Reed at 541-957-4210 or by email at
creed@nrtoday.com.
Zink:
Continued from page 12
GRAFFITI 2011
CRAIG REED
The News-Review
d
oing the dirty work in a Studebak-
er car dealership at age 15 didnt
leave Mike Regan with bitter feel-
ings about the car.
Instead, hes had a lifelong relationship
with Studebaker, a model that was no
longer built in the U.S. after 1963 and in
Canada after 1965.
Regan and his wife, Mary, will have
their green 1927 Studebaker Dictator
sedan on display at the River Forks Show-
N-Shine Saturday afternoon and then at
the Graffiti cruise that night. The Dictator
was in the cruise last year and the Regans
had their 1925 Studebaker seven-passen-
ger sedan at the show and shine a few
years ago.
Ive had old cars since I was 14 and
Im almost 82 now, said Mike Regan.
Ive always been interested in old cars.
When I was in high school, I took three
periods a day of vocational auto
mechanics.
After high school, Regan joined the U.S.
Marine Corps and attended amphibious
tractor mechanic school. Following his
time in the Marines, Regan worked for the
state of California. After retiring from the
California Highway Patrol, he worked for
about six years in the machine shop of
Offenhauser, an American racing engine
manufacturer.
The Regans eventually migrated north to
Sutherlin, where Mary has family.
Mike Regan said the couple has had
about 250 cars through the years with a
mix of new and old, but mostly old. Fif-
teen of the cars have been Studebakers,
including a 1917 model, the oldest car the
couple has owned. Its since been sold.
Regan said the first Studebaker he pur-
chased was a 1953 coupe.
Weve been to car shows from Canada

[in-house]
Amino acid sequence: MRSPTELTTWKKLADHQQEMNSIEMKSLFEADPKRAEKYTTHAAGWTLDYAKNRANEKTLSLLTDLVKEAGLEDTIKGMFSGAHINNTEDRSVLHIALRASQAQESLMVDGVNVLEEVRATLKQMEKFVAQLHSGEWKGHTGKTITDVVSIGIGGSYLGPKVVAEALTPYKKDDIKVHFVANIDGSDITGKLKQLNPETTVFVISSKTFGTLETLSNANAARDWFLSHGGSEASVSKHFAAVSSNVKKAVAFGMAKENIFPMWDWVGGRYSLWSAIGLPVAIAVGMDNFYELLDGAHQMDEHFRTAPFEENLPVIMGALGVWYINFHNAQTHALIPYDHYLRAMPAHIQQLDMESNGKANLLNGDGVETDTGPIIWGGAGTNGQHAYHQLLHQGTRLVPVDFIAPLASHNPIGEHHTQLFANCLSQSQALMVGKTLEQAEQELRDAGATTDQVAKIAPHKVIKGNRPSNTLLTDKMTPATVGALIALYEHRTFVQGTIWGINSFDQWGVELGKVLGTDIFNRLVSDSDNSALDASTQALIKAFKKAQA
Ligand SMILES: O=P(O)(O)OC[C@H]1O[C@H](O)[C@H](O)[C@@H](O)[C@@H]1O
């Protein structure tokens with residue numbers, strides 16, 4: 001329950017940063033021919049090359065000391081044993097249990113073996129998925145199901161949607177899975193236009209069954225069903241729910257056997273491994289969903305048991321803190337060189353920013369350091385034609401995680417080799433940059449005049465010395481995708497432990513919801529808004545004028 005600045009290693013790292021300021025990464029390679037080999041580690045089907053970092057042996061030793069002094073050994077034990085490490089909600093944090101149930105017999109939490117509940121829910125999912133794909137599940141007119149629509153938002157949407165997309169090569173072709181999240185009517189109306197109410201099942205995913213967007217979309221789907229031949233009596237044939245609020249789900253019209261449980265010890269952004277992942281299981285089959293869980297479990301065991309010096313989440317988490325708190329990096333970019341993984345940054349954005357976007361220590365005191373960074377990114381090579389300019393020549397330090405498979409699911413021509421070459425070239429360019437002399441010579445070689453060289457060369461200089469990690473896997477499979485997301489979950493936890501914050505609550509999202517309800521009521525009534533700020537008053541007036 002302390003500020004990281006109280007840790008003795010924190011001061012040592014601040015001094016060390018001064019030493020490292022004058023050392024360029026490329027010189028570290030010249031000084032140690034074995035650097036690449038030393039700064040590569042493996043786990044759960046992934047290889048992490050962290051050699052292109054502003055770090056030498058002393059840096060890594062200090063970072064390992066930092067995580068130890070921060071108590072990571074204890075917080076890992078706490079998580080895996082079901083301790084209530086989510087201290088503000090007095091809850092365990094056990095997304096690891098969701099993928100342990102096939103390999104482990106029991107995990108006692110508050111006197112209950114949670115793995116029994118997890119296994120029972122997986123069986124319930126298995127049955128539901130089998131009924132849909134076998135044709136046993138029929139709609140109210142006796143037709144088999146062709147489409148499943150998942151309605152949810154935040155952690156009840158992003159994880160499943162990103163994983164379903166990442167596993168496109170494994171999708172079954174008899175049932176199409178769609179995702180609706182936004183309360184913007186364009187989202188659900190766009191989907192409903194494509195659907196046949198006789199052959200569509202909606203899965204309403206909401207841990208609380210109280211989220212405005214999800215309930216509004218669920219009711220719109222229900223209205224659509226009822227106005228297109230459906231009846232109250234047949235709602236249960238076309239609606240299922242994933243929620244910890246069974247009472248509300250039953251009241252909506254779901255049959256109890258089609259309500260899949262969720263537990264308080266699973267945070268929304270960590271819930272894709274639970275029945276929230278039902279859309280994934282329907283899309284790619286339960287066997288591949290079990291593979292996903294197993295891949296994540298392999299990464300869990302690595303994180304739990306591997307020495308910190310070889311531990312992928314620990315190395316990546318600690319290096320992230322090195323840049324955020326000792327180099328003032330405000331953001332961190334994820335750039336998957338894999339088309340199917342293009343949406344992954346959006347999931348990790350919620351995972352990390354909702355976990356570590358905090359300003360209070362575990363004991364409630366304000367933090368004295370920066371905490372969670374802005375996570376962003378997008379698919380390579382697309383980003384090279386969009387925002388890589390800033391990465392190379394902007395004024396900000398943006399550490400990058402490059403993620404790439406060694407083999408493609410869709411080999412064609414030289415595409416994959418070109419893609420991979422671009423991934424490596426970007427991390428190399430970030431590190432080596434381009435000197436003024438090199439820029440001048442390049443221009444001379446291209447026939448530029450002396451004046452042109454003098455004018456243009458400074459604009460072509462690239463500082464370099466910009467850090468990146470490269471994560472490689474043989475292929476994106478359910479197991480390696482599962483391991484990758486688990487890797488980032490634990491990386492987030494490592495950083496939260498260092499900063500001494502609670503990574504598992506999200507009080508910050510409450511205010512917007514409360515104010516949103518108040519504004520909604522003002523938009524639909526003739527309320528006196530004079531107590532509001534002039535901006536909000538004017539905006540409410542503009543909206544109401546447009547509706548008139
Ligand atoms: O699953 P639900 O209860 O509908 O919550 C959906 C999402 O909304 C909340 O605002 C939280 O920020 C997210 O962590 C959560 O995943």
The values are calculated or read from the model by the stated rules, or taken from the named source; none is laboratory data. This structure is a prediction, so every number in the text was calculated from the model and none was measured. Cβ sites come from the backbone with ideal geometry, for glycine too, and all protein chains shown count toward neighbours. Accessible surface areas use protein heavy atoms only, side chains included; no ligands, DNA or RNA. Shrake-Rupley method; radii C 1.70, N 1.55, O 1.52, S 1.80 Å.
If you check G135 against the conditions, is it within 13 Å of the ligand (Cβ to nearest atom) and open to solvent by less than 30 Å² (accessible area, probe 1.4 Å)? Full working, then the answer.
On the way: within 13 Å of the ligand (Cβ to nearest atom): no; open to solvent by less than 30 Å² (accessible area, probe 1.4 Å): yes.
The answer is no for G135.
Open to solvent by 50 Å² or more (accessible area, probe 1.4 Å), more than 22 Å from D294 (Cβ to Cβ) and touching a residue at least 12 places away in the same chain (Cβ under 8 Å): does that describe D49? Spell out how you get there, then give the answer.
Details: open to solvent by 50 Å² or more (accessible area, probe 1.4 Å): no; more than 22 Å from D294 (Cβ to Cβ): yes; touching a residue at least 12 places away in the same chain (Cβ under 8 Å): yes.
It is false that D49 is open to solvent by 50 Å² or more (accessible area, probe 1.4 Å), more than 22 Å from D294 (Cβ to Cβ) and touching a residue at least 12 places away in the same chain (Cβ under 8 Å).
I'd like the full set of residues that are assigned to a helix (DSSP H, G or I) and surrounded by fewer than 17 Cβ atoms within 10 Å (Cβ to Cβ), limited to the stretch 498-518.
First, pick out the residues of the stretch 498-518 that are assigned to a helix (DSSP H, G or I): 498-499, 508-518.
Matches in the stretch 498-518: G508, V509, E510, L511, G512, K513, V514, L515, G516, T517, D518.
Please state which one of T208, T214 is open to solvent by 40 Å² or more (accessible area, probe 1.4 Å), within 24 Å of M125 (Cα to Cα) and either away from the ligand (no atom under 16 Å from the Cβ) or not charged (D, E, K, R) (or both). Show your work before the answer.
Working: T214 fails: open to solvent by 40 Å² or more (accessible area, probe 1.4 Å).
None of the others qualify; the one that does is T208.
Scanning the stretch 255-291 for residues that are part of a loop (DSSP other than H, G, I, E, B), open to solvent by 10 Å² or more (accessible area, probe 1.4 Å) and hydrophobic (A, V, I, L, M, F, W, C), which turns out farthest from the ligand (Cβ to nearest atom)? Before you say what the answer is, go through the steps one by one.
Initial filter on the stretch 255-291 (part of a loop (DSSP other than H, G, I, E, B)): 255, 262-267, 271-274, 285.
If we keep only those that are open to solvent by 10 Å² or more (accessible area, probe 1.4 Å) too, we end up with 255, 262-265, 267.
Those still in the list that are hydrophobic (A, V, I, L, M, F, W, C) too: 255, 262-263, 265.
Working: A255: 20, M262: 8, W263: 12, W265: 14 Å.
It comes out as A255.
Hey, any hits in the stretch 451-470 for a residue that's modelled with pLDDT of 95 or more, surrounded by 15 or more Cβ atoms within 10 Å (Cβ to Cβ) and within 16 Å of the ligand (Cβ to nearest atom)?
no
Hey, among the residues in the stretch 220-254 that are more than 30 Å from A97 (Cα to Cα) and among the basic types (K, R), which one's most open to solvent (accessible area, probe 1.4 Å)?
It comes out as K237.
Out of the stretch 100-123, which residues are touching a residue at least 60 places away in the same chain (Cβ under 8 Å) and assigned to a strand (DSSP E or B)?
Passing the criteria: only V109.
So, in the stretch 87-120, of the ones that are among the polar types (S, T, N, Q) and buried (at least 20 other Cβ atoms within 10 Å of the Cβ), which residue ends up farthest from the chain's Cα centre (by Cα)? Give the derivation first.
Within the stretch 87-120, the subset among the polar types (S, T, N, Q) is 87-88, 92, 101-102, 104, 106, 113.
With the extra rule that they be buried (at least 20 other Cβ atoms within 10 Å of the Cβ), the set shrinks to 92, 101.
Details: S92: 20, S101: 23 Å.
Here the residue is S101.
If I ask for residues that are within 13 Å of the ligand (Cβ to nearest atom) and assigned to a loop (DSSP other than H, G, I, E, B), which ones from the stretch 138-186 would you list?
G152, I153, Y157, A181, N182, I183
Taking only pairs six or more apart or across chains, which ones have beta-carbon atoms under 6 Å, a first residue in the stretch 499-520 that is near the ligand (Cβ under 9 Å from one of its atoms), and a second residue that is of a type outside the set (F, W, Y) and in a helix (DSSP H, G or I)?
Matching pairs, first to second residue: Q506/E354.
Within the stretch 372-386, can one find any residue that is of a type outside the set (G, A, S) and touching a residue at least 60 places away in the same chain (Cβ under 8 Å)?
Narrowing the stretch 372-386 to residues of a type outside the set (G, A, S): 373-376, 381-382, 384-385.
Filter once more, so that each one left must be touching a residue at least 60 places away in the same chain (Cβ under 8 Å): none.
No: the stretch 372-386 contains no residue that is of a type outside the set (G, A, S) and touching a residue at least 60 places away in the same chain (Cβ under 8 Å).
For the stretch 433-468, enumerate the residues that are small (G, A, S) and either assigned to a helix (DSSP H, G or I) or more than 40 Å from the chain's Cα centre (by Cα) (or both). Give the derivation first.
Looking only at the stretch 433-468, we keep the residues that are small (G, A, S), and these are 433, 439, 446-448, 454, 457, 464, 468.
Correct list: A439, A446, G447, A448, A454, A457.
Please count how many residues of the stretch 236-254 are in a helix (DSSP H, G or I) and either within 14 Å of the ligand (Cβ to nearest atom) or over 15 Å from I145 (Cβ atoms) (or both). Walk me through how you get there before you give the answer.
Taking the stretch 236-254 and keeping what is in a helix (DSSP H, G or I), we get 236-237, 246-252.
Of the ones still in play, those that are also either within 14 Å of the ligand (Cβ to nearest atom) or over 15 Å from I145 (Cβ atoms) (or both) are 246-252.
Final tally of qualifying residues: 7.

to Rapid City, S.D., to Wyoming to Texas
and all over the place, said Regan, adding
the couple attends Studebaker gatherings
with their cars each year in the California
cities of Palm Springs and Red Bluff. The
Regans also belong to a vintage car club in
New Zealand and have traveled to that
country to attend car rallies.
Regan said he does all of his own work
on his cars.
Studebakers have always been pretty
good cars, he said. Theres a lot of them
around, but you dont see them out on the
street being used daily.
Studebakers shine on
for Regans
Photo courtesy of Mike Regan
Mike and Mary Regan of Sutherlin enjoy participating in car shows and parades
with their 1925 Studebaker sedan, left, and 1927 Studebaker Dictator sedan.
The News-Review
w
INSTON Theres no con-
nection between the two
events except timing and a
common love of vintage vehicles. Still, it
wouldnt be too much of a stretch to
describe the Winston Summer Nite Cruise
as the younger sibling of Roseburgs Graf-
fiti Weekend.
As in past years, the biggest difference
between the Winston and the Roseburg
cruise is a matter of well, rules.
Roseburgs Saturday night cruise is lim-
ited to vehicles from 1972 or earlier. Big
trucks, motorcycles and 4-by-4s are not
welcome.
Winstons cruise, on the same night, is
open to all comers. There is an emphasis
on muscle cars, but dates and makes are
irrelevant.
If people have a Hummer and they
want to bring that through, they can bring
it, said Anna Falls of Green, secretary of
the Winston-Dillard Area Festival Associa-
tion. We dont put a restriction on it.
The laid-back attitude extends through
the ranks to all the drivers, according to
Falls.
These people work hard to spruce up
those cars, and when they come through,
they dont worry about them getting
scratched up or damaged, she said. But
even if Winston Summer Nite cruisers